"They'll probably punish you," I say.

"Already have." He holds up his wrist. I stare at it uncomprehendingly. "Coin took back my communicuff."

I bite my lip, trying to remain serious. But it seems so ridiculous. "I'm sorry, Soldier Gale Hawthorne."

"Don't be, Soldier Katniss Everdeen." He grins. "I felt like a jerk walking around with it anyway." We both start laughing. "I think it was quite a demotion."

This is one of the few good things about 13. Getting Gale back. With the pressure of the Capitol's arranged marriage between Peeta and me gone, we've managed to regain our friendship. He doesn't push it any further - try to kiss me or talk about love. Either I've been too sick, or he's willing to give me space, or he knows it's just too cruel with Peeta in the hands of the Capitol. Whatever the case, I've got someone to tell my secrets to again.

"Who are these people?" I say.

"They're us. If we'd had nukes instead of a few lumps of coal," he answers.

"I like to think Twelve wouldn't have abandoned the rest of the rebels back in the Dark Days," I say.

"We might have. If it was that, surrender, or start a nuclear war," says Gale. "In a way, it's remarkable they survived at all."

Maybe it's because I still have the ashes of my own district on my shoes, but for the first time, I give the people of 13 something I have withheld from them: credit. For staying alive against all odds. Their early years must have been terrible, huddled in the chambers beneath the ground after their city was bombed to dust. Population decimated, no possible ally to turn to for aid. Over the past seventy-five years, they've learned to be self-sufficient, turned their citizens into an army, and built a new society with no help from anyone. They would be even more powerful if that pox epidemic hadn't flattened their birthrate and made them so desperate for a new gene pool and breeders. Maybe they are militaristic, overly programmed, and somewhat lacking in a sense of humor. They're here. And willing to take on the Capitol.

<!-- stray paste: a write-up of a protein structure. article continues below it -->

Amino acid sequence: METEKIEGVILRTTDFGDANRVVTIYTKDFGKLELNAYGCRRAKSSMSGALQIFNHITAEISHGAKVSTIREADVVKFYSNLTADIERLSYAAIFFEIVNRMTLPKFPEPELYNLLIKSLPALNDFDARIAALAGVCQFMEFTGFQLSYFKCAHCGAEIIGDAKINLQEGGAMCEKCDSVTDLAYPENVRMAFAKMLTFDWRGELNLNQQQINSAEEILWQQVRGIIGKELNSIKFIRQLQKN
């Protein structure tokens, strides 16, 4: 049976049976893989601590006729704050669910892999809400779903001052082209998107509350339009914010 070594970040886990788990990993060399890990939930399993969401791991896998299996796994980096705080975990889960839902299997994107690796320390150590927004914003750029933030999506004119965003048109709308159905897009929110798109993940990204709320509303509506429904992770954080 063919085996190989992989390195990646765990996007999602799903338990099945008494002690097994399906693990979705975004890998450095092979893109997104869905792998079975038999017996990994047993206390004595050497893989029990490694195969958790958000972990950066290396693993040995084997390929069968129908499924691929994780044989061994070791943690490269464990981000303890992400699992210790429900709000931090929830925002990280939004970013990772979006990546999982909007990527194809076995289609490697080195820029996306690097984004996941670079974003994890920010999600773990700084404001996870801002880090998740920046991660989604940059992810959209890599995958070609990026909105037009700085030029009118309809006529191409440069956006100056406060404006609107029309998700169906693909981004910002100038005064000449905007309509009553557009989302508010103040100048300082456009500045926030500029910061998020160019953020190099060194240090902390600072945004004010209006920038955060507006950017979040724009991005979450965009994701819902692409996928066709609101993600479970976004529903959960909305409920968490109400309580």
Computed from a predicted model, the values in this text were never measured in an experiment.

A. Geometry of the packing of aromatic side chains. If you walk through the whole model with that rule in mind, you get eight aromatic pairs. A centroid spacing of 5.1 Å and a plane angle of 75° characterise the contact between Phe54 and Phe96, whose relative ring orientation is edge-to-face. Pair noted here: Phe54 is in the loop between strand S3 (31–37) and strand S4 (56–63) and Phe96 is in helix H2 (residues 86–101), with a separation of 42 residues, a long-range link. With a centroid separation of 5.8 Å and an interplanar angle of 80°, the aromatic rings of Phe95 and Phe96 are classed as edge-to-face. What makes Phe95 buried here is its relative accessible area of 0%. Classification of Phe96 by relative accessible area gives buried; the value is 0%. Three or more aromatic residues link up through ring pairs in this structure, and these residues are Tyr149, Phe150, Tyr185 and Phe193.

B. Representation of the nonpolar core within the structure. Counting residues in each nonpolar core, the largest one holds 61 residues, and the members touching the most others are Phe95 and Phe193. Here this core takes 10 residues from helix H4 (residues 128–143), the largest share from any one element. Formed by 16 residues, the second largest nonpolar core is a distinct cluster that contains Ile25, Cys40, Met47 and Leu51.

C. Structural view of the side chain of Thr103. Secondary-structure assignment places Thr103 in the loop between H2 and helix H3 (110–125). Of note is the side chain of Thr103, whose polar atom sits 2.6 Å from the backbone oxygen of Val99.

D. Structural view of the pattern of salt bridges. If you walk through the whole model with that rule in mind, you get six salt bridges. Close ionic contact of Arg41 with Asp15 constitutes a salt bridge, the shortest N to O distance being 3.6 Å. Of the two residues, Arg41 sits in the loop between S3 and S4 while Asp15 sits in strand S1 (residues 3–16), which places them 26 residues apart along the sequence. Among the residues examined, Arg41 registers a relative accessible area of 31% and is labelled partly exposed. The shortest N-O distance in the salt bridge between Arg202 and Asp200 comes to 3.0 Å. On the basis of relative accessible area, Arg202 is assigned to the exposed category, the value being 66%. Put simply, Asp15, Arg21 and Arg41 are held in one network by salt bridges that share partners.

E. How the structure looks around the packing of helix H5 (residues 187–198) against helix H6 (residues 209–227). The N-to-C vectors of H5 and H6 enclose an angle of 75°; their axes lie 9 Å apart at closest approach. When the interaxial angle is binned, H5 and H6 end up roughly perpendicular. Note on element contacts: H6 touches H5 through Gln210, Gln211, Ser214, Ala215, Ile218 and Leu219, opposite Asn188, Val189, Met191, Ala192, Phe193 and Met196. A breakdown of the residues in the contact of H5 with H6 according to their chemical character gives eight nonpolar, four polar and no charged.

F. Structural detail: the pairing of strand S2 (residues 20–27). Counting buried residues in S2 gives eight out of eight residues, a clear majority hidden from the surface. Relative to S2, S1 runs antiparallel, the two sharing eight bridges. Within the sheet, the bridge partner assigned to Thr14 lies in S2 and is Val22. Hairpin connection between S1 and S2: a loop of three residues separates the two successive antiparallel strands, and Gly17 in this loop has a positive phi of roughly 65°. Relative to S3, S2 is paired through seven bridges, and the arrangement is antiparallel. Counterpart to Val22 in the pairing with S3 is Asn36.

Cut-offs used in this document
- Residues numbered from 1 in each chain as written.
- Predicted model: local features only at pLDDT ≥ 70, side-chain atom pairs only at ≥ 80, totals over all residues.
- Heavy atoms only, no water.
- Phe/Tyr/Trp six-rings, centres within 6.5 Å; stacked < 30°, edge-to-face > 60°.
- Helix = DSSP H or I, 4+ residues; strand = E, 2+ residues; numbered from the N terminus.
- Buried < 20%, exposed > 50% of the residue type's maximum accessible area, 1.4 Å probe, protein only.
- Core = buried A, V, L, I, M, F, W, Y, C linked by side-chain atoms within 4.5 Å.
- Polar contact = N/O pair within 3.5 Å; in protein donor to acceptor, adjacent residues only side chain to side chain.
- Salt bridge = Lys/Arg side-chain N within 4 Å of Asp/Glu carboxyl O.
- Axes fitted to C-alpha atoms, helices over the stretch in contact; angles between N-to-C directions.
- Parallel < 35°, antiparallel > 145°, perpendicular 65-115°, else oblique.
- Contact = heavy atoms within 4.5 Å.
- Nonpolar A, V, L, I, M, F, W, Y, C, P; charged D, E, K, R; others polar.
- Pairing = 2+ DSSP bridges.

"Still, it took them long enough to show up," I say.

"It wasn't simple. They had to build up a rebel base in the Capitol, get some sort of underground organized in the districts," he says. "Then they needed someone to set the whole thing in motion. They needed you."

"They needed Peeta, too, but they seem to have forgotten that," I say.

Gale's expression darkens. "Peeta might have done a lot of damage tonight. Most of the rebels will dismiss what he said immediately, of course. But there are districts where the resistance is shakier. The cease-fire's clearly President Snow's idea. But it seems so reasonable coming out of Peeta's mouth."

I'm afraid of Gale's answer, but I ask anyway. "Why do you think he said it?"

"He might have been tortured. Or persuaded. My guess is he made some kind of deal to protect you. He'd put forth the idea of the cease-fire if Snow let him present you as a confused pregnant girl who had no idea what was going on when she was taken prisoner by the rebels. This way, if the districts lose, there's still a chance of leniency for you. If you play it right." I must still look perplexed because Gale delivers the next line very slowly. "Katniss...he's still trying to keep you alive."

To keep me alive?And then I understand. The Games are still on. We have left the arena, but since Peeta and I weren't killed, his last wish to preserve my life still stands. His idea is to have me lie low, remain safe and imprisoned, while the war plays out. Then neither side will really have cause to kill me. And Peeta? If the rebels win, it will be disastrous for him. If the Capitol wins, who knows? Maybe we'll both be allowed to live - if I play it right - to watch the Games go on....